Wednesday, May 12, 2010

Arteriosclerosis and sulphation factor

The alpha granules of platelets contain many substances which are useful for repairing damaged tissue, especially damaged blood vessels. That's no surprise.

The addition of sulphate to sugar and sugar derived molecules is essential for the production of many glycosaminoglycans. Most of the work with sulphation has centred on cartilage development but an equally interesting location of sulphated GAG production is the arterial wall which leads to the formation of fibrous plaques, via proteoglycans, in stressed areas.

In ancient days of old Salmon and Daughaday (1957 from the look of this title) wanted to assay Growth Hormone. They developed GH deficient rats (better not ask how) then took cartilage samples and added GH to see if they could get sulphate uptake as a method of assaying GH levels in serum, a bioassay. The idea failed and they eventually found out that "Sulphation Factor" was needed for sulphate uptake and SF was produced in response to GH by the liver, GH per se was not active on isolated chondrocytes. To confuse matters further, at some stage SF was re named Somatomedin. To make matters even more confusing somatomedin was even later discovered to be ILGF-1. There is a nice summary of the story here.

Even today we still use ILGF-1 as a surrogate for measuring GH in cats with GH secreting tumours.

So the sulphation of proteoglycans is mediated through ILGF-1. A brief scan (Wiki) of the contents of alpha granules in platelets lists ILGF-1 as the first ingredient. Platelets deliver ILGF-1 to damaged areas. It's not exactly surprising that ILGF-1 promotes proteoglycan sulphation as well as, or as part of, tissue repair.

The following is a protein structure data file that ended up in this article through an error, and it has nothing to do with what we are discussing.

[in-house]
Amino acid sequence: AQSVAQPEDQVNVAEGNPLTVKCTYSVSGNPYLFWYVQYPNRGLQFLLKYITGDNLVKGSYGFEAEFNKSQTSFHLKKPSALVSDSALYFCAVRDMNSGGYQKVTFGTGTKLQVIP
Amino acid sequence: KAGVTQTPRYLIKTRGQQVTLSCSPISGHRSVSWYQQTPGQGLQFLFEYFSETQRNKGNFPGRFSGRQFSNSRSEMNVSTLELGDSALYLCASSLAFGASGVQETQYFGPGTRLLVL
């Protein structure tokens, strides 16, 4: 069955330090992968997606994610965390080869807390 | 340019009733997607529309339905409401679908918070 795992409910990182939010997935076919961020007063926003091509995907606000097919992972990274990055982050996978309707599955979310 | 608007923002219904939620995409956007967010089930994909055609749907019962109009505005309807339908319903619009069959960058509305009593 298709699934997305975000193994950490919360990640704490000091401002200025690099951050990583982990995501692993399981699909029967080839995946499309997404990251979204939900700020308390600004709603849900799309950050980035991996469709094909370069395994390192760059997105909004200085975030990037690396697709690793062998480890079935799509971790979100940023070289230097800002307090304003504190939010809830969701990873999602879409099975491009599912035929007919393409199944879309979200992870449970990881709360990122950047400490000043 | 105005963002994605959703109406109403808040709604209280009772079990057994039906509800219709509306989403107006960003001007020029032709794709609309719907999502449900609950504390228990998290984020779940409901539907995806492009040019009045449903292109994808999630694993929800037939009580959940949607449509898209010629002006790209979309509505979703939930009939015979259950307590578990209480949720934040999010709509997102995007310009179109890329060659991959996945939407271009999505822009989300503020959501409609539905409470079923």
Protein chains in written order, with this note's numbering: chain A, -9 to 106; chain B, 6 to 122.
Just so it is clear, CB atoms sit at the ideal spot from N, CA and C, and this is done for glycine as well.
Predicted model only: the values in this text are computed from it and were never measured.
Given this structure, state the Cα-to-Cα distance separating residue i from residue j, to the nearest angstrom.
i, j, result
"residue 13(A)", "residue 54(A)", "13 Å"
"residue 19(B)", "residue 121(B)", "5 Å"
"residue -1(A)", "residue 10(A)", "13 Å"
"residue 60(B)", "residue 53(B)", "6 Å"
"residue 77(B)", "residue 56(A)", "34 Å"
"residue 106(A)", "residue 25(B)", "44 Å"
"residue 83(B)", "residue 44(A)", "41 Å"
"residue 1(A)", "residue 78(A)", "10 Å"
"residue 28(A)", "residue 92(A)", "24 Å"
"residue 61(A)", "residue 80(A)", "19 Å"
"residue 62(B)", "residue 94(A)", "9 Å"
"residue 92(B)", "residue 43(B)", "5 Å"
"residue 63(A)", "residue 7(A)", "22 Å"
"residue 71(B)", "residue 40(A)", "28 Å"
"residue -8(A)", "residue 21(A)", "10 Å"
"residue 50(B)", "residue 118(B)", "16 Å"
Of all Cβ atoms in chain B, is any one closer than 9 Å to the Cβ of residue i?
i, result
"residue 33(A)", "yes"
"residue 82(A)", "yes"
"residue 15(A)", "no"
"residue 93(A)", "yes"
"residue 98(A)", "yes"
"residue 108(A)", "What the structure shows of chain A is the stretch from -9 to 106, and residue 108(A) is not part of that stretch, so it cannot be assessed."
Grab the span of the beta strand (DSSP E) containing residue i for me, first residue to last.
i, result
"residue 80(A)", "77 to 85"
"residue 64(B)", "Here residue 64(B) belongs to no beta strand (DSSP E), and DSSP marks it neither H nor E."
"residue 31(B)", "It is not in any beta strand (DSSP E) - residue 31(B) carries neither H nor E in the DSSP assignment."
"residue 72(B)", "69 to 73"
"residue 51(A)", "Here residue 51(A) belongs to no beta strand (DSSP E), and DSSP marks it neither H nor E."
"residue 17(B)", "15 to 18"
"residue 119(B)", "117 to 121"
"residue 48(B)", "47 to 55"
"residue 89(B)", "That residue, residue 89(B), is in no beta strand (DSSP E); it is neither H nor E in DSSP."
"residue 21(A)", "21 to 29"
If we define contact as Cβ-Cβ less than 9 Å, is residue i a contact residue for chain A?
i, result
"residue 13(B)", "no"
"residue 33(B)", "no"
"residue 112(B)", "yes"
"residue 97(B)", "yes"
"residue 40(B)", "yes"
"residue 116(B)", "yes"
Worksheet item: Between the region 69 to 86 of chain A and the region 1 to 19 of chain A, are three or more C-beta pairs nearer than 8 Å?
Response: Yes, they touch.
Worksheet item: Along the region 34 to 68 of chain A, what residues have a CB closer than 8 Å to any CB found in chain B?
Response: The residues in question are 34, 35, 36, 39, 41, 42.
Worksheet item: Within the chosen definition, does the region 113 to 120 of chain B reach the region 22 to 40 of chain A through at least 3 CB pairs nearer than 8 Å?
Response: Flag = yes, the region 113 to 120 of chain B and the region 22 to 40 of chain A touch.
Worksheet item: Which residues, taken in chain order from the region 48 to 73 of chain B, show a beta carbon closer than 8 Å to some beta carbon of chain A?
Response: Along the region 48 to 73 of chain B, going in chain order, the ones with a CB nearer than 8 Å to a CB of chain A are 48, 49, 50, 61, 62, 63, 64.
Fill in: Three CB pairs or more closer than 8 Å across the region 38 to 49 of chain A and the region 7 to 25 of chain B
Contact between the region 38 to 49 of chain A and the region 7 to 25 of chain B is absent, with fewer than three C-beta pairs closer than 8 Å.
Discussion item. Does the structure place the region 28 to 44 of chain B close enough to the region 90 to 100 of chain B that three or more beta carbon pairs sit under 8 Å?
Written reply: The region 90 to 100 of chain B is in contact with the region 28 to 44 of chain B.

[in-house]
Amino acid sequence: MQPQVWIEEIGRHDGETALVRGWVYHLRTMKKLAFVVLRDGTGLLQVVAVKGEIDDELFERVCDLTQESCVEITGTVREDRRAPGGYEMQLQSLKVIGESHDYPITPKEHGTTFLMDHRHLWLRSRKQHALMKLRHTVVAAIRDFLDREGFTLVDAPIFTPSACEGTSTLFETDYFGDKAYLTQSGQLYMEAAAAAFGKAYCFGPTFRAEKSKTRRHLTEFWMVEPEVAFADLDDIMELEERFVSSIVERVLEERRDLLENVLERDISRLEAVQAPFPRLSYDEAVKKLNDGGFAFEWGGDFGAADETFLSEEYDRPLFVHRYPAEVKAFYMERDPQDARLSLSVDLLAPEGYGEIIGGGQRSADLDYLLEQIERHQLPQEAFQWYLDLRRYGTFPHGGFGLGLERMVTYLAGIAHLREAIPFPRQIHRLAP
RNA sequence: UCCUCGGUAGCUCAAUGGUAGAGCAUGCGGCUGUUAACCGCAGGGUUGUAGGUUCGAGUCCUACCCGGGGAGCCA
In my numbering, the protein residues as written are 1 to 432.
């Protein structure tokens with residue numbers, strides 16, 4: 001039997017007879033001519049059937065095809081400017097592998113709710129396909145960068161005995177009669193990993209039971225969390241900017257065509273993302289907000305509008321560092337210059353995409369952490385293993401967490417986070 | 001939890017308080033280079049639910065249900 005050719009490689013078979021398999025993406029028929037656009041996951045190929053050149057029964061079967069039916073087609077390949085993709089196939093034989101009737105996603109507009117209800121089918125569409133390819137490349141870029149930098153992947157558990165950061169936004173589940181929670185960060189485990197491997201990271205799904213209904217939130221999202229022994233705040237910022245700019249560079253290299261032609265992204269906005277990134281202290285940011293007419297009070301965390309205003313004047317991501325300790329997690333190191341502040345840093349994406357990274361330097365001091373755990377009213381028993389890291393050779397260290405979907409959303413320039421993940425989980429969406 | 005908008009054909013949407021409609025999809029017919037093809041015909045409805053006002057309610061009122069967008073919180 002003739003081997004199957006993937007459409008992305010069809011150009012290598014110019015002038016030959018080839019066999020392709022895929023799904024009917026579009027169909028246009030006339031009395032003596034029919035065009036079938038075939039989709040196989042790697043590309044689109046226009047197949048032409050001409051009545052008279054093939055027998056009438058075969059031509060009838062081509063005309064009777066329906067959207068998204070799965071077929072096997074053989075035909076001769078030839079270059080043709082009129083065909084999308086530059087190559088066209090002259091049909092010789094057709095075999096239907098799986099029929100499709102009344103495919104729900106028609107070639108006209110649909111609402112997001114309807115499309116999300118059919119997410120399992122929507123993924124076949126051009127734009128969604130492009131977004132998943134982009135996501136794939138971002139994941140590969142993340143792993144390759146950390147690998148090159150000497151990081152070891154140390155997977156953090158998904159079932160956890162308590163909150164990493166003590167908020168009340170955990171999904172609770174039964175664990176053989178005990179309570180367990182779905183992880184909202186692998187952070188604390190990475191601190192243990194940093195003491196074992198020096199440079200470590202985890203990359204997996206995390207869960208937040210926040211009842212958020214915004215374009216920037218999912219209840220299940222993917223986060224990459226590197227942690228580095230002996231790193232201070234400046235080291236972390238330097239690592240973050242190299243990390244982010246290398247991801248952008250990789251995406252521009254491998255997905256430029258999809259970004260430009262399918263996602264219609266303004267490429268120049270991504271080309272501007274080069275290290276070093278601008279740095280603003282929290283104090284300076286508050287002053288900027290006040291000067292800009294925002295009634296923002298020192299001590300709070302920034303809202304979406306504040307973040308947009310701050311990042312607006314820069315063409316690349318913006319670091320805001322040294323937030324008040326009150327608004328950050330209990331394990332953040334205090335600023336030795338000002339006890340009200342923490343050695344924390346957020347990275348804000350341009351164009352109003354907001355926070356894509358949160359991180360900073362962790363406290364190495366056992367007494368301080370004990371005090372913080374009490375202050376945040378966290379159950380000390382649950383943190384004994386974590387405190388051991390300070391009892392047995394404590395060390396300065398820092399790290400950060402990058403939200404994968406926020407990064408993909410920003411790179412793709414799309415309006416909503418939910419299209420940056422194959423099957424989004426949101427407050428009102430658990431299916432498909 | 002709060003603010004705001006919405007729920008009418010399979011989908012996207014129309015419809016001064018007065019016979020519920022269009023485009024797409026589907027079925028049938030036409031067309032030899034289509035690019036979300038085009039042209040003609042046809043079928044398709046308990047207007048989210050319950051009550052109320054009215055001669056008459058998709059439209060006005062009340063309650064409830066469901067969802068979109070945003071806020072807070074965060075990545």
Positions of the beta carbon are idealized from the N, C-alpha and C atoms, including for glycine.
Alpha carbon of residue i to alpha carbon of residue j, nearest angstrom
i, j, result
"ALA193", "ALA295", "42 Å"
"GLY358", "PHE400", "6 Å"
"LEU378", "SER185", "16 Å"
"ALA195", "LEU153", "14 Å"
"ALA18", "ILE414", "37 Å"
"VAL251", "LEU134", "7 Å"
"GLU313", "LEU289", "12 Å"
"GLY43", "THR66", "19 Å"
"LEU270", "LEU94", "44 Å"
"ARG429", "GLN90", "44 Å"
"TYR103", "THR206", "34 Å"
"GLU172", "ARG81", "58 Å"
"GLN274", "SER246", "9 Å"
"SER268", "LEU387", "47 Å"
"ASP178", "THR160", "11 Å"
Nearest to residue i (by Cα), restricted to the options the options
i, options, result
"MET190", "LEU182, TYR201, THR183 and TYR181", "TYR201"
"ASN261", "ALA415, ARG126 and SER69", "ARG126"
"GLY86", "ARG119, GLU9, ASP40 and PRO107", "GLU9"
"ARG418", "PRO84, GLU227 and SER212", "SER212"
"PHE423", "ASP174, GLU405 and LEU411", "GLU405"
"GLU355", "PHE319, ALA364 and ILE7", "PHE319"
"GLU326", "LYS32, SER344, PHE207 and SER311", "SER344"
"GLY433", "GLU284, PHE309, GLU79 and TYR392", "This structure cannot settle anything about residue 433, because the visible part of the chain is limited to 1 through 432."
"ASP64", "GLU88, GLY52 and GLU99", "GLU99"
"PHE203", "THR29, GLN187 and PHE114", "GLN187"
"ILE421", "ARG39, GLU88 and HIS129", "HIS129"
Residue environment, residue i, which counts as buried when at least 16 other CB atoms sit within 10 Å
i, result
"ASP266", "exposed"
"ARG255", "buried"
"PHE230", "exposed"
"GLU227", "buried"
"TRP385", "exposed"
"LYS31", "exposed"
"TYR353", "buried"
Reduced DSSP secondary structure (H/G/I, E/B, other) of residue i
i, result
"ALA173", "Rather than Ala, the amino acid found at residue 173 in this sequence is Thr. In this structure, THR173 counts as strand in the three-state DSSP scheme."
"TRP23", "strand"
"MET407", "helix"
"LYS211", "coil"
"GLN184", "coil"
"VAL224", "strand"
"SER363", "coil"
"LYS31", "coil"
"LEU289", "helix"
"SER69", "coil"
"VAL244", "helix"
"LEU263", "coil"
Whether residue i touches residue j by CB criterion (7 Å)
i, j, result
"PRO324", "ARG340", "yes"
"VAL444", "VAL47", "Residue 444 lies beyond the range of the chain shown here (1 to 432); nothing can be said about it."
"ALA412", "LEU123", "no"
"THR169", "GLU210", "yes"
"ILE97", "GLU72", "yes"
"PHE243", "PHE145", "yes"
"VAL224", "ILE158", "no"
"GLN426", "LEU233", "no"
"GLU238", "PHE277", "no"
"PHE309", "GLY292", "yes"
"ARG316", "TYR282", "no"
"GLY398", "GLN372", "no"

Human beings are not designed to have fasting insulin levels over 200pmol/ml with a rise of up to 1000pmol/ml (in extreme cases) post prandially. If we do things to ourselves which produce this effect we can expect to have insulin interacting of ILGF-1 receptors which were never designed to see such astronomical insulin levels. Even if their true ligand is at minimal concentration, arterial wall cells will behave as if platelets are delivering ILGF-1 in "damage repairing" amounts. Even in the absence of damage.

It does not take a great leap of faith to suggest that the normal physiological response to normal vascular injury might be driven beyond an appropriate level by chronic hyperinsulinaemia acting on ILGF-1 receptors.

Perhaps type two diabetics should be at increased risk of heart disease? I wonder if anyone has checked this...

Peter

BTW anyone who has followed the homocystine hypothesis of CVD will find the title (all I can get) of this paper of some interest.

Monday, May 10, 2010

Arteriosclerosis and von Willebrand Disease

As soon as you start to think about arteriosclerosis as a thrombotic, platelet driven process you immediately think about von Willebrand disease (vWD) of course. vWD is a real laugh for a surgeon who makes the diagnosis 10 minutes in to an operation on a young Doberman which won't stop bleeding wherever he cuts it. Giving that NSAID at premed time suddenly seems to have morphed in to a very dumb idea. And the desmopressin seemed too expensive to have on the shelf before today. But I digress.

vWD means your platelets won't stick. Generally this is a Bad Thing.

OK, more pictures. Fuster's group produced this nice early paper "Resistance to arteriosclerosis in pigs with von Willebrand's disease. Spontaneous and high cholesterol diet-induced arteriosclerosis" from which the micrographs are taken.